What is an E-Cigarette?

  • E-cigarettes are tobacco products. The U.S. Food and Drug Administration (FDA) deemed e-cigarettes, cigars, and hookah and pipe tobacco, as tobacco products in 2016.
  • E-cigarettes are “vaping” devices that mimic the act of smoking.
  • Battery-powered devices that heat a liquid mixture that usually contains nicotine and other ingredients, which are inhaled by the user.
  • They come in many shapes and sizes.
  • There are now approximately 8,000 e-juice flavors (like menthol, fruit, candy, chocolate, sweets). The variety of flavors attracts youth to trying them.

Examples of e-Cigarettes

Public Health Concerns

  • The U.S. Food & Drug Administration has the authority to create manufacturing and labeling standards. Currently there are no standards or regulations, resulting in various levels of nicotine and other chemicals in the liquid placed inside of them.
  • The aerosol that comes from e-cigarettes contains harmful and potentially harmful ingredients, including nicotine, ultrafine particles, heated flavorings, volatile organic compounds, and heavy metals.
  • E-cigarettes are illegal for kids under 18 years of age.
  • The brain continues to develop through the early to mid-twenties. Nicotine use during this time can:
    • Disrupt the formation of brain circuits that control attention and learning.
    • Activate the limbic system more strongly, which can lead to addiction.
  • Nicotine can be poisonous, especially in liquid form often called e-juice, e-liquid, or liquid nicotine. E-juice is harmful to children. Just a few drops absorbed by the skin or swallowed can send a child to the emergency room. Ingesting as little as half of a teaspoon of e-juice, may be fatal for children. It is important to store all nicotine products out of reach of children.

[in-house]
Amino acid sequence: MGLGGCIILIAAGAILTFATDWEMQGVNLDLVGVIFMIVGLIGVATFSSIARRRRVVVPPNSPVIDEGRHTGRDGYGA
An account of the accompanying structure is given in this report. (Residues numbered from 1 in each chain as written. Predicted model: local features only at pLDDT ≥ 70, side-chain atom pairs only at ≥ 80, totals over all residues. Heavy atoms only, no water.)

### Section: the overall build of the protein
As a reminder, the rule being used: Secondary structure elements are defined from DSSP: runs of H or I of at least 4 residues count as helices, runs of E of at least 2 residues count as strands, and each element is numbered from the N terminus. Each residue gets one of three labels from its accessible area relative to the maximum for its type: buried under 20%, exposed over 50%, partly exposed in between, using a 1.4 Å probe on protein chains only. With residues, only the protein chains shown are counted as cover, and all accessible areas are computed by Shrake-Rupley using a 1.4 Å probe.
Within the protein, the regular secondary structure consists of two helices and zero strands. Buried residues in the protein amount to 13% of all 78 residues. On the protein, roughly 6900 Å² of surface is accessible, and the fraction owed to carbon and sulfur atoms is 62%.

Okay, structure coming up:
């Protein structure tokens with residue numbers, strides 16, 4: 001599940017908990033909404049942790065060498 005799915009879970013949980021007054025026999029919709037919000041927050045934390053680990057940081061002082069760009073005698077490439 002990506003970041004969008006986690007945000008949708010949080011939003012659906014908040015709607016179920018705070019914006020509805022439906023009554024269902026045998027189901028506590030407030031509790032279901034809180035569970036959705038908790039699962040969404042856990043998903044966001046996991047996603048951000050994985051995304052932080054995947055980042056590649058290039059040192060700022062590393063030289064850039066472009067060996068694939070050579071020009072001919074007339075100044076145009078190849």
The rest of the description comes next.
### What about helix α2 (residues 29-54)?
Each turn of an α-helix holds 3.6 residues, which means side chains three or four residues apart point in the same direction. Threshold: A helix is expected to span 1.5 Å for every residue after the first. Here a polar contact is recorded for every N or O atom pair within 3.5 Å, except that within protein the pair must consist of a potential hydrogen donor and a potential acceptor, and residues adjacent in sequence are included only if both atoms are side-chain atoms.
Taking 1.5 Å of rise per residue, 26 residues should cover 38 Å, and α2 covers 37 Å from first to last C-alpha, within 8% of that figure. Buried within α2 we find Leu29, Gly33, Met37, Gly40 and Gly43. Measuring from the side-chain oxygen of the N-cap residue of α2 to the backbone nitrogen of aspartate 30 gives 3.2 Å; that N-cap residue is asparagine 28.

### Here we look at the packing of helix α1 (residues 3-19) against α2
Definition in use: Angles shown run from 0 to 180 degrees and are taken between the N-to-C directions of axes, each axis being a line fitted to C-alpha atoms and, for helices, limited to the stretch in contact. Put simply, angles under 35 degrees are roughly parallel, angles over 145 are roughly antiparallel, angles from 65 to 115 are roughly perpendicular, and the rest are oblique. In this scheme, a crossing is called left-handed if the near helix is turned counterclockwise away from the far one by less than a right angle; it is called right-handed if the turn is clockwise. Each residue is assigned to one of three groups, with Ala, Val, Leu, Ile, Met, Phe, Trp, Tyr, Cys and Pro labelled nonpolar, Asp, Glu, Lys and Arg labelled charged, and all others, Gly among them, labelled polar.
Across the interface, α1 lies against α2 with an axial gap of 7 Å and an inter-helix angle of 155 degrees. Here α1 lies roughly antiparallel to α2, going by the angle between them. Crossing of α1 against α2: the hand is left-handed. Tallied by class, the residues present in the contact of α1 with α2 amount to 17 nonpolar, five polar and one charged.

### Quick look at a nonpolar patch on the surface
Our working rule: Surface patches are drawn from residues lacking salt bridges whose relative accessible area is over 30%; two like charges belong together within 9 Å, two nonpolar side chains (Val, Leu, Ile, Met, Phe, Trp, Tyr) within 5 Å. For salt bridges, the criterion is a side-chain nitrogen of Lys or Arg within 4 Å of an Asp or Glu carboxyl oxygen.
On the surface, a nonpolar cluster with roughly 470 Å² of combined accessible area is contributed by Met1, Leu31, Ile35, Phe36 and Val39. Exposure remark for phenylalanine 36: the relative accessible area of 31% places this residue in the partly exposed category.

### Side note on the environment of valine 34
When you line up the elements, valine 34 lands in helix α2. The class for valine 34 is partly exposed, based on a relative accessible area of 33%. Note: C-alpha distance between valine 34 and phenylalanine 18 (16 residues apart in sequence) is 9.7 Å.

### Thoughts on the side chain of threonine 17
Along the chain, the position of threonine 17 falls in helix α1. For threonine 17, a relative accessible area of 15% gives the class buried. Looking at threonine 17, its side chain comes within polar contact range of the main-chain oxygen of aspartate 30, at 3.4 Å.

• E-cigarettes as cessation aids (help with quitting tobacco)
      There is very limited scientific information available about the use of e-cigarettes as a cessation aid. Please note that without manufacturing and regulatory standards, conducting randomized clinical trials remains challenging.

Can E-Cigarettes Help You Quit Tobacco?

Studies on e-cigarettes as a quitting aid for nicotine addiction and cigarette use are few, with mixed and modest results. Some show that they are about equal in effectiveness to that of nicotine replacement therapy (NRT) – like the nicotine patch. The best way to quit is to use quit line counseling and FDA-approved medications.

  • The health effects of e-cigarette use are not known, but e-cigarettes are likely safer than combustible tobacco products
  • The ultimate goal must be to quit traditional (burning tobacco) cigarette use in order to protect your health
  • Dual use (using both products) is not a good long-term goal

E-Cigarette Policies for Your Community and Family

  • The New Hampshire Smoking Indoor Act
    After e-cigarettes were deemed as a tobacco product they are no longer allowed where smoking is prohibited.
  • Talk with your child about the health effects of tobacco products, including e-cigarettes.
  • Be an example to your child by living tobacco-free. Even if you’re quitting tobacco, share the reasons why you want to be tobacco-free and ask for support in your journey.
  • Prohibit e-cigarette use around your child.
  • Make your home and vehicles tobacco-free, including e-cigarettes.
  • Encourage your young adult to attend a college or university that is tobacco-free, including e-cigarettes.
  • Make sure the childcare or school your child attends is tobacco-free, including e-cigarettes.
  • New Hampshire state law RSA 126-K:7 prohibits the use of tobacco products, e-cigarettes, or liquid nicotine on public educational facility grounds for grades K-12.



New Hampshire